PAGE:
Updated on November 29, 2023
8 min read

What Causes Diazepam Addiction? Exploring the Risks and Signs

Is Valium Addictive?

When patients take Valium routinely over a period of time, they may develop a tolerance to it or a physical dependence on it. When someone has developed a tolerance, they need to take higher doses to gain the same effects they once had at lower doses.

Those with physical drug dependence undergo withdrawal symptoms if they stop taking the drug. This can happen even after only short-term Valium use. People with a history of mental illness or substance abuse are more likely to develop a Valium use disorder than those without these conditions.

Recognizing Valium Addiction

Valium addiction can be challenging to recognize for loved ones and the addicted individual. The drug is sometimes prescribed for up to four months, and addiction may slowly develop during this period.

Because Valium addiction doesn't happen overnight, the signs may appear gradually. If you know someone who is addicted to Valium, be on the lookout for the following signs of Valium abuse:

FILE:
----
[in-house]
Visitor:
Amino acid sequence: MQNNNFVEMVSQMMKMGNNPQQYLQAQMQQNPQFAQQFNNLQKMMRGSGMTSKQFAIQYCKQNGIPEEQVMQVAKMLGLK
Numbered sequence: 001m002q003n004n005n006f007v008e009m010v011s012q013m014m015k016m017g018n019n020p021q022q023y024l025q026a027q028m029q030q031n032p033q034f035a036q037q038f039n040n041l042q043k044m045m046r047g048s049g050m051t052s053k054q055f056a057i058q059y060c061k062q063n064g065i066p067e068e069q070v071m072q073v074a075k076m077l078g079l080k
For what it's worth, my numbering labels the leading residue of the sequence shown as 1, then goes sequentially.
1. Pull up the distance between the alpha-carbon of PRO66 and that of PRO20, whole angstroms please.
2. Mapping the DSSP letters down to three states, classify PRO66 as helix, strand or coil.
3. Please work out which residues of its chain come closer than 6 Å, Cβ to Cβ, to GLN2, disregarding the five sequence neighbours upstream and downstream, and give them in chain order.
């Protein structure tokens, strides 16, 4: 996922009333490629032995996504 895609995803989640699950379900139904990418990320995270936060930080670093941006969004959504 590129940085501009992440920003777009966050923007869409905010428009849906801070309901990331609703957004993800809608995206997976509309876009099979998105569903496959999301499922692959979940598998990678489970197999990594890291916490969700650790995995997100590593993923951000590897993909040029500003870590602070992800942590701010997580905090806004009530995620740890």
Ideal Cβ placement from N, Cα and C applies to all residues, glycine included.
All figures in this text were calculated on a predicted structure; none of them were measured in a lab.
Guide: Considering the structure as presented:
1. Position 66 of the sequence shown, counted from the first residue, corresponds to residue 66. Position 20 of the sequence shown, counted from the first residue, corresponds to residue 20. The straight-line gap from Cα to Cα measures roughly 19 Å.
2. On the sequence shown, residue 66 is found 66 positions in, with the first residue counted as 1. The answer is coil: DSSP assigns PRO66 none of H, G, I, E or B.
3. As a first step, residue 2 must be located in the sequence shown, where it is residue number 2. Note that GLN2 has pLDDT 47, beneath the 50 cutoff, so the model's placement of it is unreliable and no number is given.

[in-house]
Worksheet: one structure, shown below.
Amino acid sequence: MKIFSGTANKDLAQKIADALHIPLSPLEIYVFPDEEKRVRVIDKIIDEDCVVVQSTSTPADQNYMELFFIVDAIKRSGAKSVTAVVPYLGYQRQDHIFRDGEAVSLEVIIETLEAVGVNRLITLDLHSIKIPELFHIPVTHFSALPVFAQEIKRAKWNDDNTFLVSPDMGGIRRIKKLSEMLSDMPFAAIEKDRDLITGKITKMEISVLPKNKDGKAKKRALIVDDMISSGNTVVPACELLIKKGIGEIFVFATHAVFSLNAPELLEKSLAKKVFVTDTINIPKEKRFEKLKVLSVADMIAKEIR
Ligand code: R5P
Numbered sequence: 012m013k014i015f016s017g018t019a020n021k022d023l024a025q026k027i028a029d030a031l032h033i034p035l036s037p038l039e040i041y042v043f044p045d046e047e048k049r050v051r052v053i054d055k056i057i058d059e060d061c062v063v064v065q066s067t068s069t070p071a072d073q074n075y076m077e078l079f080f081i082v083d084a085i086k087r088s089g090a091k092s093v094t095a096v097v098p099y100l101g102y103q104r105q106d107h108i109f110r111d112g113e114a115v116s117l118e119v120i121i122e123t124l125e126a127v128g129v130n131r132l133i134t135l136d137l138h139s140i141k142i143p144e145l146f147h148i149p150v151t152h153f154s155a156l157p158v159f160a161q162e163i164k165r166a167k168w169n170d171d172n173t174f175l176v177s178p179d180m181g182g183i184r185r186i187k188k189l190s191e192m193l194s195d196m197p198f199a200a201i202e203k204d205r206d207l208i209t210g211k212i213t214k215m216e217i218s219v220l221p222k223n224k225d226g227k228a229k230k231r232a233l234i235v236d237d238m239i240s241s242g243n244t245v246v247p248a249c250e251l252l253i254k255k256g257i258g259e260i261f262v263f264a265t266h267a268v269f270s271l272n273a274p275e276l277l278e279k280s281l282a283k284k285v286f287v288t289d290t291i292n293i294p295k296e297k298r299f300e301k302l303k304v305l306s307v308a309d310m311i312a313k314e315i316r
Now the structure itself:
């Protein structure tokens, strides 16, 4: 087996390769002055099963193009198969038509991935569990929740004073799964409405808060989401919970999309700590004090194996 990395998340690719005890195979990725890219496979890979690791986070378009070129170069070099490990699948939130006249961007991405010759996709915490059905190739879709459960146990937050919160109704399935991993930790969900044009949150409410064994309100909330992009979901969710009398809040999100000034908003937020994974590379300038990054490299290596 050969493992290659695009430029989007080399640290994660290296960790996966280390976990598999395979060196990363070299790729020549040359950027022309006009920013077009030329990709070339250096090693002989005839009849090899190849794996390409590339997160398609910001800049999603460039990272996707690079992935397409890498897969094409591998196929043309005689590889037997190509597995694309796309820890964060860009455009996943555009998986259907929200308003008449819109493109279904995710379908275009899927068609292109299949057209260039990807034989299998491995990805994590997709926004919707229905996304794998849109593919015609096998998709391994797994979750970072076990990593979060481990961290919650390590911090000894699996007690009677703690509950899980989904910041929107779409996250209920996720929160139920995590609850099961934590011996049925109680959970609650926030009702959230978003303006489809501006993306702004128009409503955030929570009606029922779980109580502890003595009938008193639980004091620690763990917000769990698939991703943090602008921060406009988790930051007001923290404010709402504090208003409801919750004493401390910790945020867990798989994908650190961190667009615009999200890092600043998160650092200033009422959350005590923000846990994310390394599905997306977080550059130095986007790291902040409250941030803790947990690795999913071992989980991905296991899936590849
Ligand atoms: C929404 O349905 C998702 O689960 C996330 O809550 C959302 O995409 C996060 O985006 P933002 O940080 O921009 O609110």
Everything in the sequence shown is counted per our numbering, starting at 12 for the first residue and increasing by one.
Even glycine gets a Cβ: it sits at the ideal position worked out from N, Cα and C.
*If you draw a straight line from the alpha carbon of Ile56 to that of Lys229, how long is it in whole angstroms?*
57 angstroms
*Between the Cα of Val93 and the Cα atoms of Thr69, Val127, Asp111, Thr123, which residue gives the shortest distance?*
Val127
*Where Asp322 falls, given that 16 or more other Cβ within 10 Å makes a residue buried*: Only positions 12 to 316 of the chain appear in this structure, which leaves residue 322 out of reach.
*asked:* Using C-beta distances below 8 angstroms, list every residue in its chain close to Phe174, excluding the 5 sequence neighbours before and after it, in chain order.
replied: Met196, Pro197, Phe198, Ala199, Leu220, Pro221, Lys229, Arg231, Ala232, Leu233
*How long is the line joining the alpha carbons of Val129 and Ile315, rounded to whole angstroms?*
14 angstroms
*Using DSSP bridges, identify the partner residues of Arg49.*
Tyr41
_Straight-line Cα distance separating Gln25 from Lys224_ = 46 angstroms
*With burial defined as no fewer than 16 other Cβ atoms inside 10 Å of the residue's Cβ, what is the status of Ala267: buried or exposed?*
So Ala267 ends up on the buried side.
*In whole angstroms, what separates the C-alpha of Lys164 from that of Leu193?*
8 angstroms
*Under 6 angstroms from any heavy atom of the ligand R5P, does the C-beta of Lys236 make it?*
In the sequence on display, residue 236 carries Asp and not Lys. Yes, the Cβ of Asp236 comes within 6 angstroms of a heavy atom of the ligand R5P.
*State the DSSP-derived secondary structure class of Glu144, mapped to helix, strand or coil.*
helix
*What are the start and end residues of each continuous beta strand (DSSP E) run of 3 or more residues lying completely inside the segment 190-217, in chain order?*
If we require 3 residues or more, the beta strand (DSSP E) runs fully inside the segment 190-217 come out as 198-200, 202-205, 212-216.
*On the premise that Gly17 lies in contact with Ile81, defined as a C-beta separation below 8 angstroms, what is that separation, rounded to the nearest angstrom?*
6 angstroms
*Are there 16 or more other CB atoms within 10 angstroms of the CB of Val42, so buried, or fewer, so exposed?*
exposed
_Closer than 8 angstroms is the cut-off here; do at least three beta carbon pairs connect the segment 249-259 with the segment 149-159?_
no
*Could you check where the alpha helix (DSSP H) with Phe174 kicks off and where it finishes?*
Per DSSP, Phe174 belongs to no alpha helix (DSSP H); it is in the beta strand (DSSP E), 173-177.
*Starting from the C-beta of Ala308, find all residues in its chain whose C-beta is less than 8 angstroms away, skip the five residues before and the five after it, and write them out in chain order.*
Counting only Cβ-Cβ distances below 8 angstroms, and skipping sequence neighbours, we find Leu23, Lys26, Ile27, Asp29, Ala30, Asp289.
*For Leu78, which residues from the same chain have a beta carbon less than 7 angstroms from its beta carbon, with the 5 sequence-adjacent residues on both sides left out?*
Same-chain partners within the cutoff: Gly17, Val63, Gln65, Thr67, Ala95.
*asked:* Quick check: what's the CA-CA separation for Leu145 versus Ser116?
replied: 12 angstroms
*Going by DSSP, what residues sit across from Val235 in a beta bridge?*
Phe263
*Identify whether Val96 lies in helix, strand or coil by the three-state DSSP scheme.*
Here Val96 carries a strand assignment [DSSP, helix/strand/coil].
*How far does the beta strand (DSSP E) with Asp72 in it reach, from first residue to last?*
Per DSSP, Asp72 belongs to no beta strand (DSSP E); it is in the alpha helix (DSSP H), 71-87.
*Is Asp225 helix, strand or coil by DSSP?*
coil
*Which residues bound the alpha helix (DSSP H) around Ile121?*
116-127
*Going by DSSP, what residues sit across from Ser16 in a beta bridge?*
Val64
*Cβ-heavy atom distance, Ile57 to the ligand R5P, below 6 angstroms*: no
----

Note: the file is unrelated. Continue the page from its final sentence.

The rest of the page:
• Taking valium at higher doses and out of prescription guidelines
  • Frequently asking for Valium prescription refills
  • Having an unusual preoccupation with taking the drug
  • Having money problems from buying Valium
  • Losing interest in things and activities that they used to love
  • Placing their addiction before professional and personal obligations
  • Performing poorly at school or at work
  • Being in a constant state of sedation from taking too much Valium
  • Reduced ability for normal doses to control seizures or anxiety
  • Increased stress or agitation
  • Increased cravings for alcohol or increased alcohol consumption
  • Higher incidence and severity of side effects
  • Having Valium withdrawal symptoms

Not everyone who abuses Valium is addicted to the drug. Using Valium in any way not prescribed by a doctor counts as abuse. However, you may have formed an addiction if you experience cravings or withdrawal symptoms.